Salvador Dali biography & paintings. The artist Salvador Dali is an icon of the Spanish art in the 20th Century & a world famous Spanish surrealistic painters.
Salvador Dalí was born in Figueres, in the province of Gerona on the 11th May 1904. He was a great painter who many times was recognised more for his eccentricities than for his artistic work. Although he was known more for painting than for other artistic work, Dalí did not shy away from other fields or from collaborating with other artists of the time. His incursions in the world of cinema were famous.
Like many other Spanish intellectuals at the start of the 20th century, Salvador Dalí went to study painting in the San Fernando arts Academy in Madrid, and he lived in the famous student residence. Whilst in the residence he came into with important personalities like Federico García Lorca, Pepín Bello and Luis Buñuel.
During his stay in Paris he came into contact with Dadaists and surrealists. Whilst he was there he met Picasso, who had already heard things about Dalí by from Joan Miró.
At this time Salvador Dalí was like a sponge that absorbed all the influences from many types of art from the classic academic formalism to the most cutting-edge avant-garde, and he was even capable of mixing them in the same piece of work. In this period he undertook expositions in Barcelona which aroused many divided opinions regarding his work.
Before the Second World War, Salvador Dalí started to have conflicts with André Breton because of his political inactivism. The majority of surrealist artists had positioned themselves toward the left and against the German Nazi government, but Salvador Dalí thought that art and politics were incompatible.
In 1940, Salvador Dalí travelled to the United States escaping the war which at the time was destroying Europe. In the United States he lived together with Gala for 8 years. It was a prolific period for him regarding writing. Also in this period he found his catholic beliefs again.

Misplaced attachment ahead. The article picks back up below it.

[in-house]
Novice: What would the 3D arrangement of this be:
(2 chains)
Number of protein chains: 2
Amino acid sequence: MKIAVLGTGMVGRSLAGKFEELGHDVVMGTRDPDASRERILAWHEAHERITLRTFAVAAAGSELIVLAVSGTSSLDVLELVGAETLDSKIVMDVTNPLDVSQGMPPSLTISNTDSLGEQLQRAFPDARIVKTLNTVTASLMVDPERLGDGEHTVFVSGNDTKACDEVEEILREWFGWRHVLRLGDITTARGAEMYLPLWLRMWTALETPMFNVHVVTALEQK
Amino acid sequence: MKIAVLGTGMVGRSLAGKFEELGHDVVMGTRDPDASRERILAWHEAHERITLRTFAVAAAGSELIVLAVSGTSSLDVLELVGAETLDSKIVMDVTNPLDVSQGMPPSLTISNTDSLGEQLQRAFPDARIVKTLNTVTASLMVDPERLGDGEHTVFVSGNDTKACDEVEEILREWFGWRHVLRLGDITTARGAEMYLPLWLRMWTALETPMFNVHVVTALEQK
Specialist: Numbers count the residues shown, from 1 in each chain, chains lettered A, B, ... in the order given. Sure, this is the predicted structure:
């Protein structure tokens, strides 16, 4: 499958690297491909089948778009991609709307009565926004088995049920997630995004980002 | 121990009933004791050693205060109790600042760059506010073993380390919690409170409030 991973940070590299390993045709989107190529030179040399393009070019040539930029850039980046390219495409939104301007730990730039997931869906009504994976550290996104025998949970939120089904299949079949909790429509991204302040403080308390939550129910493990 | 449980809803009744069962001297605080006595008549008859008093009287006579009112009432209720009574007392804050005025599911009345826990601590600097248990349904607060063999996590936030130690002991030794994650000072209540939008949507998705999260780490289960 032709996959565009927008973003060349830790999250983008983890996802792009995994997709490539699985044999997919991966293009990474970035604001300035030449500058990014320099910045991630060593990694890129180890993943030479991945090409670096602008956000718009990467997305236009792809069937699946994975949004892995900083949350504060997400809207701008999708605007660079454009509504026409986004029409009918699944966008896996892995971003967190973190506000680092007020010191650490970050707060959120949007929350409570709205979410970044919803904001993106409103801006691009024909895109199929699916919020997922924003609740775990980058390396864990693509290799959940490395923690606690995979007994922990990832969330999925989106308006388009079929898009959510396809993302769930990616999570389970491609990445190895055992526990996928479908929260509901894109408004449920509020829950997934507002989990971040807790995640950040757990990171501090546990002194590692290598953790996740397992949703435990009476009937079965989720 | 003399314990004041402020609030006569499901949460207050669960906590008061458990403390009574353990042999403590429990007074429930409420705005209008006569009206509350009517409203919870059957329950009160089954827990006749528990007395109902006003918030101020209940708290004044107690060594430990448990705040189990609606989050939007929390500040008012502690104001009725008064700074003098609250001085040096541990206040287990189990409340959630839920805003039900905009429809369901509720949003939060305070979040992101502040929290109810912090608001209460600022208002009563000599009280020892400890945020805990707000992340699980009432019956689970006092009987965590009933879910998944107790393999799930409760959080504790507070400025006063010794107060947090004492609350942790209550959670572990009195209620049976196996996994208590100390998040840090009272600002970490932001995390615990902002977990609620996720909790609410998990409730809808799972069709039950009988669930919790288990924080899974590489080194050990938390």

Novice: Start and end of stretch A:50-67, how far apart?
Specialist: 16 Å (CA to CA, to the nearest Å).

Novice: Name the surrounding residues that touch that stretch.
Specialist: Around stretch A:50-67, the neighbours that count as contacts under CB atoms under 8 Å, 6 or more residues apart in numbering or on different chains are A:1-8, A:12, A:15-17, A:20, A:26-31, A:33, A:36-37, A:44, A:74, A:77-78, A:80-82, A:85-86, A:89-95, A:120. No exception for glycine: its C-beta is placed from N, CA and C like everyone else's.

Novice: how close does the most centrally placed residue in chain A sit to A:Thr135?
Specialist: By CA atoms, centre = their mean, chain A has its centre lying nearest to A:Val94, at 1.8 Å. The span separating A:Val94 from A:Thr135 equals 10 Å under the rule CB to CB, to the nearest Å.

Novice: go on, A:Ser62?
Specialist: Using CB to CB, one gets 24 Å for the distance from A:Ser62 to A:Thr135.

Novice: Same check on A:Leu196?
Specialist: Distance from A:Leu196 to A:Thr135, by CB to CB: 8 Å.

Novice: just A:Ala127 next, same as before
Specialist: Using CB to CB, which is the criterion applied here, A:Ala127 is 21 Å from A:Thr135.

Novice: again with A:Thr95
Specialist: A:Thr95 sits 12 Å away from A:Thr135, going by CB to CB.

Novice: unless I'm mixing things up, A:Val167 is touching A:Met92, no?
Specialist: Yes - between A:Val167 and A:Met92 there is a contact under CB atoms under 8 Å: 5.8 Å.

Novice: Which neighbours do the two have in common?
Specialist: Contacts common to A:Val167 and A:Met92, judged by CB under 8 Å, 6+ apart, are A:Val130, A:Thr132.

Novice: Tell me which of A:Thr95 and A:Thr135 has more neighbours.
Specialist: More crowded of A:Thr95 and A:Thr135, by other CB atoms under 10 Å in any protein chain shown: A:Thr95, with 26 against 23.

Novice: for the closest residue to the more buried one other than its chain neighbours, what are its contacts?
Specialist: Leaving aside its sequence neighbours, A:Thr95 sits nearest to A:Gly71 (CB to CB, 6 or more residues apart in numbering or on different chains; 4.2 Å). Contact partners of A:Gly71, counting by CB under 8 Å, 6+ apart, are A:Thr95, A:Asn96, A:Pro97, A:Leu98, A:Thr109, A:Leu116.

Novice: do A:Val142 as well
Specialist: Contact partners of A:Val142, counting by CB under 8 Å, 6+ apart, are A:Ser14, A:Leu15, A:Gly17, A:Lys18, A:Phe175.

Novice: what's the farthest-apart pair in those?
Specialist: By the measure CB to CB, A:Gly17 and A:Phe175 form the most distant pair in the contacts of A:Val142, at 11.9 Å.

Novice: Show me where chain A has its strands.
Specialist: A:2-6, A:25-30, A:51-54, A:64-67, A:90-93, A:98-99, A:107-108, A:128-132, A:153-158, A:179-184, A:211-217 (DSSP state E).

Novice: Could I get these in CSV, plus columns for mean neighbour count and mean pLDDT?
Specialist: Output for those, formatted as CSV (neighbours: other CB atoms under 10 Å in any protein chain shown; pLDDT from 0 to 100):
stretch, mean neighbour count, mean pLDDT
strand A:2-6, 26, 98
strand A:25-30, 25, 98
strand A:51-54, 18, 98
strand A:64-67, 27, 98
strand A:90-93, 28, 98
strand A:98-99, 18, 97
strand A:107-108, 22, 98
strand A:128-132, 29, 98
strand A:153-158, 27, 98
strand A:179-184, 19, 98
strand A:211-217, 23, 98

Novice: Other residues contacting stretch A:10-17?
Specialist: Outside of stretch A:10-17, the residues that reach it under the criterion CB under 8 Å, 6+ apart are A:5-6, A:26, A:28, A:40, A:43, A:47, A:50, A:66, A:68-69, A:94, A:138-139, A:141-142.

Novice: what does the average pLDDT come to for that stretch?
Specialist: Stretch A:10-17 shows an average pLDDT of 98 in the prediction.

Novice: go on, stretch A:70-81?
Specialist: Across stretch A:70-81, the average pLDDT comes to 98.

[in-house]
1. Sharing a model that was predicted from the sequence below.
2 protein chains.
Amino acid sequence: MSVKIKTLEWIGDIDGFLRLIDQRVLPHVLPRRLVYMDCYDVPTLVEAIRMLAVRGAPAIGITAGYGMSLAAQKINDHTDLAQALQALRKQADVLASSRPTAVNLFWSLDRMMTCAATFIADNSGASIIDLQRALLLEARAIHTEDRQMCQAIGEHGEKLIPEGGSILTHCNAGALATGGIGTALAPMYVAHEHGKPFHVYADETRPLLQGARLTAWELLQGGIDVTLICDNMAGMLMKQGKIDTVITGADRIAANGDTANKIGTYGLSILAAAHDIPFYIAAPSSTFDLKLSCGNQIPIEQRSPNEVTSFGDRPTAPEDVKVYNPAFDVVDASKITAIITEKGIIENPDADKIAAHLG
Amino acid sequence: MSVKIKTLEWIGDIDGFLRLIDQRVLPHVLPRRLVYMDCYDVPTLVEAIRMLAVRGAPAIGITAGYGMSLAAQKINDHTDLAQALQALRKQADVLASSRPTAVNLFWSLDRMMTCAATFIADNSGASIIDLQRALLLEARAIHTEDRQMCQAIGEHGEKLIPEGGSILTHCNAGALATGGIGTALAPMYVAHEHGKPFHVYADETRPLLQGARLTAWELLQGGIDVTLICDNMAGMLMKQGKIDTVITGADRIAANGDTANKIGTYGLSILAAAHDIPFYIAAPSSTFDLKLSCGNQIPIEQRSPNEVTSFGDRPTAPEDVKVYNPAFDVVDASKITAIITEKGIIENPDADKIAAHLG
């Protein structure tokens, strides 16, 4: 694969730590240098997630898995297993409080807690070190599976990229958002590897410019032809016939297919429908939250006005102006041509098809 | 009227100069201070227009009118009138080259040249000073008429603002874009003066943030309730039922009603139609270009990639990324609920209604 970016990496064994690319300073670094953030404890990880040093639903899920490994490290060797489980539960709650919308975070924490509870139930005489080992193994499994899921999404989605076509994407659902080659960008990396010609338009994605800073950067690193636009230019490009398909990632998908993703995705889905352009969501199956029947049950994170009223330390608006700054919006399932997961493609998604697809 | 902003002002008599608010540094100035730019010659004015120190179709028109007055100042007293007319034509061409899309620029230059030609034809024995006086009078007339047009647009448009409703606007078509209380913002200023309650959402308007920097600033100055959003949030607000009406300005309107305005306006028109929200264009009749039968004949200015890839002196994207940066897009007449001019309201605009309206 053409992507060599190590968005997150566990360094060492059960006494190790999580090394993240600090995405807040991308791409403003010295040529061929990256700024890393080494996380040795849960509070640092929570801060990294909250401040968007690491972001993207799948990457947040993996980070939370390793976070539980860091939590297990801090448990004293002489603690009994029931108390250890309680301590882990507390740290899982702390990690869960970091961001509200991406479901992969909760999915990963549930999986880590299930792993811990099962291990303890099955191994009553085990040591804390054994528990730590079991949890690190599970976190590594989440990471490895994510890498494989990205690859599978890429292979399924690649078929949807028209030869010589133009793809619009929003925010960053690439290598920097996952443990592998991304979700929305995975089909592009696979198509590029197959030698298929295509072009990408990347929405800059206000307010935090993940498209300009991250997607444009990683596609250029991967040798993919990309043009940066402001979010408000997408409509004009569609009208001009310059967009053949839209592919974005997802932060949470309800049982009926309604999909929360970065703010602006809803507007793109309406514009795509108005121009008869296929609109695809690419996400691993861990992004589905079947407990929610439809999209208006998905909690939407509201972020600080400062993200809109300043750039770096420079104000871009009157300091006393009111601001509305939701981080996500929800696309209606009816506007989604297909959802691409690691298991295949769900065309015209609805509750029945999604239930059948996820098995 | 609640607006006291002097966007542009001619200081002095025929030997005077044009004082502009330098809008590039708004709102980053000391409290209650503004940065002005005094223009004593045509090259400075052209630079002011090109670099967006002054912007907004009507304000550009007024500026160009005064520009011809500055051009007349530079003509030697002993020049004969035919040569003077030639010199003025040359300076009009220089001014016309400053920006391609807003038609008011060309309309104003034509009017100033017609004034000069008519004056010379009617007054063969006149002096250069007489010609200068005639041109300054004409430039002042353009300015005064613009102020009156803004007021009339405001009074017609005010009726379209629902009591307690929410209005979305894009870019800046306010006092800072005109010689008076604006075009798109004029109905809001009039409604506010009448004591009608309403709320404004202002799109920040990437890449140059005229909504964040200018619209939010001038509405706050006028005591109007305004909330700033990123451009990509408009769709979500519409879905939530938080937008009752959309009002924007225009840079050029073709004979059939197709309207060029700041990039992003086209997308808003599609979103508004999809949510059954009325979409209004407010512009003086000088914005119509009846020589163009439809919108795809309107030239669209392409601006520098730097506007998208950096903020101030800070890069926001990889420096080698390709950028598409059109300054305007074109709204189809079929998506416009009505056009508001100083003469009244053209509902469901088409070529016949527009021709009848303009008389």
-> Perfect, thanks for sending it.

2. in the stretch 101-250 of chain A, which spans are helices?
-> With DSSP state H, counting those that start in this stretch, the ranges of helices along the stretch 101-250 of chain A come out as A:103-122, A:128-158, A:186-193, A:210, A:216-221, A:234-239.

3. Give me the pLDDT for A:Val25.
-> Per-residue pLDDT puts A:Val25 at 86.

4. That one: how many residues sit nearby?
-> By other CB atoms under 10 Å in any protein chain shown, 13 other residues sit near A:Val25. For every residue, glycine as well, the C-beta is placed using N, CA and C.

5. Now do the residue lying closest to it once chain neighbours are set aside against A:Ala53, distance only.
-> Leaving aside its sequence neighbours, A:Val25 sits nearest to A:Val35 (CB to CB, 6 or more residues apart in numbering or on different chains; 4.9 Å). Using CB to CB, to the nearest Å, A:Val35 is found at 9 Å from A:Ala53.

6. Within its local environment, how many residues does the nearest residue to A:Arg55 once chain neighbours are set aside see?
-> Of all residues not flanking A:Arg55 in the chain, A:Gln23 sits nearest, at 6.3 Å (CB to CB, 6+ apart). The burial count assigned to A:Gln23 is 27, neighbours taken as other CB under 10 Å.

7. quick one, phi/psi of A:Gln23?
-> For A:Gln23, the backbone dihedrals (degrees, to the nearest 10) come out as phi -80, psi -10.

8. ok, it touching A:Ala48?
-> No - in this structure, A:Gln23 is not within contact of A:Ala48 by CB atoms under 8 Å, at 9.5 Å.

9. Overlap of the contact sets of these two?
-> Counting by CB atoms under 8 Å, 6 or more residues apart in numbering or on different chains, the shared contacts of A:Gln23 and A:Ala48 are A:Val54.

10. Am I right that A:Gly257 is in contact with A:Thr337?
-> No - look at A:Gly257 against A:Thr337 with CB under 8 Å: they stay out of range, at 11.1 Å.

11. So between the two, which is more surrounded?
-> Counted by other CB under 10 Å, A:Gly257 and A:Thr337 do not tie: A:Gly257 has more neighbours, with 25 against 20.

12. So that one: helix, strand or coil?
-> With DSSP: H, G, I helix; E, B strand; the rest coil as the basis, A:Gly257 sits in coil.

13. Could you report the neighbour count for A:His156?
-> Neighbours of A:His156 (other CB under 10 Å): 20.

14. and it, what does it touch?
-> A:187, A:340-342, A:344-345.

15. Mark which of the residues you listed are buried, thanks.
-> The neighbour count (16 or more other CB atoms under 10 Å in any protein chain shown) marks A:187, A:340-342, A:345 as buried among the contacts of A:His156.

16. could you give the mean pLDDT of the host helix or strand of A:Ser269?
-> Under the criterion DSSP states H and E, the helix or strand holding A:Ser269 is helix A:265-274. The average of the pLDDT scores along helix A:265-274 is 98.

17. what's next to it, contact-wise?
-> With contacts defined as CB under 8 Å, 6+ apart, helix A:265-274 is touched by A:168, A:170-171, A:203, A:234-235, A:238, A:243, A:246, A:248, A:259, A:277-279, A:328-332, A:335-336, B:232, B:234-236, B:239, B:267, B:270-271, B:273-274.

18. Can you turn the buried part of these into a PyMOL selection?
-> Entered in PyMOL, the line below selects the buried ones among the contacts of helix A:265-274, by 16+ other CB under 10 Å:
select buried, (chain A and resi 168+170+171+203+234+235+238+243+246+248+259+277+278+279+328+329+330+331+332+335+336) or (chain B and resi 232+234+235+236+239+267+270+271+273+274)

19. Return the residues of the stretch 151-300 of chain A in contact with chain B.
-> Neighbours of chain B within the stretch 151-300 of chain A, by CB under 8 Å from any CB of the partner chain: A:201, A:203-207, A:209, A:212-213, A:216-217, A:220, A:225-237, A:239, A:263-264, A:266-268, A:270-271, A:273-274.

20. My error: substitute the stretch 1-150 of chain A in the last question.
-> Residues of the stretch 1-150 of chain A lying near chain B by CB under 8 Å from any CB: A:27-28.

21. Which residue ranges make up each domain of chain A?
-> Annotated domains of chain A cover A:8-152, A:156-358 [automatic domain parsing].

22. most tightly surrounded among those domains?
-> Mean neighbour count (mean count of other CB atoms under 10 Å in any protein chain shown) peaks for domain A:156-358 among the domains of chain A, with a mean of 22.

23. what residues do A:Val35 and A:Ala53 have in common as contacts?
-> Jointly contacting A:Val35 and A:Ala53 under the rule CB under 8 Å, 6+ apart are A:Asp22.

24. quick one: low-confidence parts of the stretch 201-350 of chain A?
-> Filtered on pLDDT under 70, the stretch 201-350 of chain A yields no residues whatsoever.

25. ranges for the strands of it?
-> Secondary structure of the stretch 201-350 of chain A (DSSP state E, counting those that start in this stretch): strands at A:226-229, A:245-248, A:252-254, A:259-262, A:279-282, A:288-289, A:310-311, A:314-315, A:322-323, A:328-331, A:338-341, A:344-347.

From 1949 he returned to his native land of Catalonia where he stayed until his death. His catholic beliefs made him stronger and his paintings reflect this fact just like the commotion caused by the Hiroshima bomb. Dali himself named this period mystical-nuclear. The painting called “Crucifixion” belongs to this artistic period.
From 1980 onwards his health rapidly deteriorated. Parkinson´s disease stopped his ability to freely paint. The king of Spain, Juan Carlos 1st names him marques Púbol and Dalí thank him by painting a picture that he gave t him on his death bed.
In 1982, after the death of Gala, Dalí moved to the castle he bought for her and voluntarily stopped drinking which worsened his illness and thus his condition. He was back at the centre of attention; because many made accusations that his friends forced him to sign blank canvases that then they sold as original paintings.
The 23rd January 1989, Dalí died of heart failure. His whole life was a piece of surrealist art up until his death. Being buried in the casa de Figueras was last part to fulfill the circle of the life of Dalí. Next to the church of San Pere, the casa de Figueras was the place he was baptised and where he took his first holy communion.
His work is extensive and as it has been seen it touched different themes. Amongst his pieces of work there were:
- The Great Masturbator (1929)
- The persistence of memory (1931)
- Soft construction with boiled beans (Premonition of the Civil War) (1936)
- The Elephants (1948)
- The last Supper (1955)
- Rhinoceros dressed in lace (1956)